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Ambassador Degnan’s Remarks to Media at the Women in Comprehensive Defense Conference
Question about the event
Ambassador Degnan: This conference is an important opportunity to bring together international and Georgian experts to talk about NATO’s comprehensive defense concept and Georgia’s approach to implementing that concept. Women play a central role in the comprehensive defense concept, and we will be discussing that more in the course of today’s conference. There are many examples in Georgia’s history when women have demonstrated the important role that they play in supporting the defense of their country.
That goes all the way back to King Tamar and many battles throughout this country where women have been essential in supporting the defense effort. This is just a modern version of that to ensure that the whole of society is prepared, whether it’s for a natural disaster like a flood or an earthquake or some kind of attack or malicious event. So there are many different aspects to NATO’s comprehensive defense concept, and we’ll be exploring those today.
Question about the European Parliament resolution
Ambassador Degnan: The United States is not part of the European Parliament. I can say that we weren’t involved in drafting this resolution. I can say that we also regret the continuing polarization of the political environment here in Georgia, and we would certainly agree with the call for the political stakeholders here to come together and implement ambitious democratic judicial and anti-corruption reforms. This is work that is underway, and it needs to be done in an inclusive fashion. I think Georgia has a very good track record of submitting draft legislation like this to the Venice Commission and other European expert bodies for their feedback on whether it does indeed meet European Union standards. At a time when the next very important step on Georgia’s path to its European future is at hand, candidate status, it seems particularly important and worthwhile to submit draft legislation to the Venice Commission to get their assessment of whether the legislation that’s been prepared is compatible and meets European standards. The United States will continue, as we have for the past 30 years, to support the clear will of the Georgian people to live in a secure, stable, prosperous democracy. That is why we are such strong supporters of the people of Georgia’s aspiration for European Union membership and a Euro-Atlantic future. I would hope that all of Georgia’s political leaders, including the ruling party and the opposition, would come together now and make sure that the work that is being done for candidate status is going to meet European Union standards. This is the moment, and I sincerely hope that Georgia’s leaders will accomplish this goal for the people of Georgia.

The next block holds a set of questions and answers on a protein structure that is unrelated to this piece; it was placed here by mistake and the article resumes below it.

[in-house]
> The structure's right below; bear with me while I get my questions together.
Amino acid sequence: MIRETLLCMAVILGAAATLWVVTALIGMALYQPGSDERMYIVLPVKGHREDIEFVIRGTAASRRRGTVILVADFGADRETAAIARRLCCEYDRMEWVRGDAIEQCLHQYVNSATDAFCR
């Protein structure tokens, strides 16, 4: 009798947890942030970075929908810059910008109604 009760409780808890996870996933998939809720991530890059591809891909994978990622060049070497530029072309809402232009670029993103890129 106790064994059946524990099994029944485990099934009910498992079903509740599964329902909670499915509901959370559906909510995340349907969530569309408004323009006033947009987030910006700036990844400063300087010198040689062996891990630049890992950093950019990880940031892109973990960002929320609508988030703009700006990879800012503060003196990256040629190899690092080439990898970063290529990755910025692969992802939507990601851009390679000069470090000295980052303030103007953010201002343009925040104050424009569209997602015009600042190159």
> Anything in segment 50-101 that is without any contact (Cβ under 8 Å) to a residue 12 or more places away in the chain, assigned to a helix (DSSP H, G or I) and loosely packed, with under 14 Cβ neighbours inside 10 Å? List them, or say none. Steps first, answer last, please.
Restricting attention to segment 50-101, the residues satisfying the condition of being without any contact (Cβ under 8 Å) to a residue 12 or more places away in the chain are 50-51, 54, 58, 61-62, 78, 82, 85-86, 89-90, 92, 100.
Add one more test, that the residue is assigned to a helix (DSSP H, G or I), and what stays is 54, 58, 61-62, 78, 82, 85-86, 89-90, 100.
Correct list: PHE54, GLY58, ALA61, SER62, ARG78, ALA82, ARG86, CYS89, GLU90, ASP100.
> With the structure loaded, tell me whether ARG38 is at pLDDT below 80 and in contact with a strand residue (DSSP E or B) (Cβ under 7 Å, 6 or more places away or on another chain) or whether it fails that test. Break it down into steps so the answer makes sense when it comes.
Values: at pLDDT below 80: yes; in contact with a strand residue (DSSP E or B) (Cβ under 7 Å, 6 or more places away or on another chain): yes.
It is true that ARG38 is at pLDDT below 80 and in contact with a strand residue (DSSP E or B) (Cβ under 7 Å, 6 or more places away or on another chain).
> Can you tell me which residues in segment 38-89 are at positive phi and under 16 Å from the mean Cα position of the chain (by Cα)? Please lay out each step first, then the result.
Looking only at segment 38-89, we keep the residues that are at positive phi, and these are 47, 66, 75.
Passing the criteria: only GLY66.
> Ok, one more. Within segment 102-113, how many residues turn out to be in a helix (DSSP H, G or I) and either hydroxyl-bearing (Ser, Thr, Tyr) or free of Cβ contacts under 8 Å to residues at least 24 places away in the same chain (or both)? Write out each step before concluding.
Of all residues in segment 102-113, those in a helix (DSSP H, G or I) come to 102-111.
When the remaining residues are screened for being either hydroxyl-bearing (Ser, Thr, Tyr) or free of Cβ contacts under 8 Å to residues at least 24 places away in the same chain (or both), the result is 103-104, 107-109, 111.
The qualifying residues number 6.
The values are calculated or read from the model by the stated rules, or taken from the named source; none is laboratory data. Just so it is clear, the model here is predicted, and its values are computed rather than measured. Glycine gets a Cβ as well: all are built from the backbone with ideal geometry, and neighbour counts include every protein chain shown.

Question about a news report on European Business Association
Ambassador Degnan: I don’t know Mr. Lee, and I’m not familiar with the European Business Association, so I really don’t have a comment on this.
Ambassador Degnan’s Remarks to Media at Parliament
Question about the event
Ambassador Degnan: Today was a great opportunity to come to Parliament with our new USAID Mission Director, John Pennell. We had a chance to talk about the many different areas of cooperation and partnership that USAID has throughout Georgia, from economic growth to energy independence, basic education, vocational education, industry-driven skills development, and of course, democracy and governance. We’ve done a lot of good work over the decades with Parliament on developing its oversight capabilities and helping to draft legislation in a number of different important ways that also protect the human rights of Georgian citizens. So, this was a wonderful opportunity to introduce our new USAID Mission Director. As the Speaker himself pointed out, much of his career has been spent in the development sector, in civil society, and so it was useful for us to exchange views on just how important of a role civil society and development organizations play in any government, especially here in Georgia where we’ve had such a long partnership over the last 30 years. I would say in that respect, some of the attacks against civil society have been particularly surprising. As many of the Members of Parliament who have worked in civil society before coming into government know, civil society plays a critical role in a healthy democracy. It’s sometimes uncomfortable to hear feedback from civil society, but that is their role. Their role is to protect the interests of the citizens and to hold the government accountable. Sometimes that feedback is uncomfortable, but they’re not there to work for the government. They’re not there to work for particular political parties. They’re there to work for the public and the rights of the citizens and to hold the government accountable. I think Georgia is fortunate to have a number of very professional, strong civil society organizations that are doing exactly that, whether it’s helping to clean the air, address climate change, or to help develop regulations that protect workers that improve communities. Civil society works across so many different sectors, and I think we should appreciate the good work that they do every day.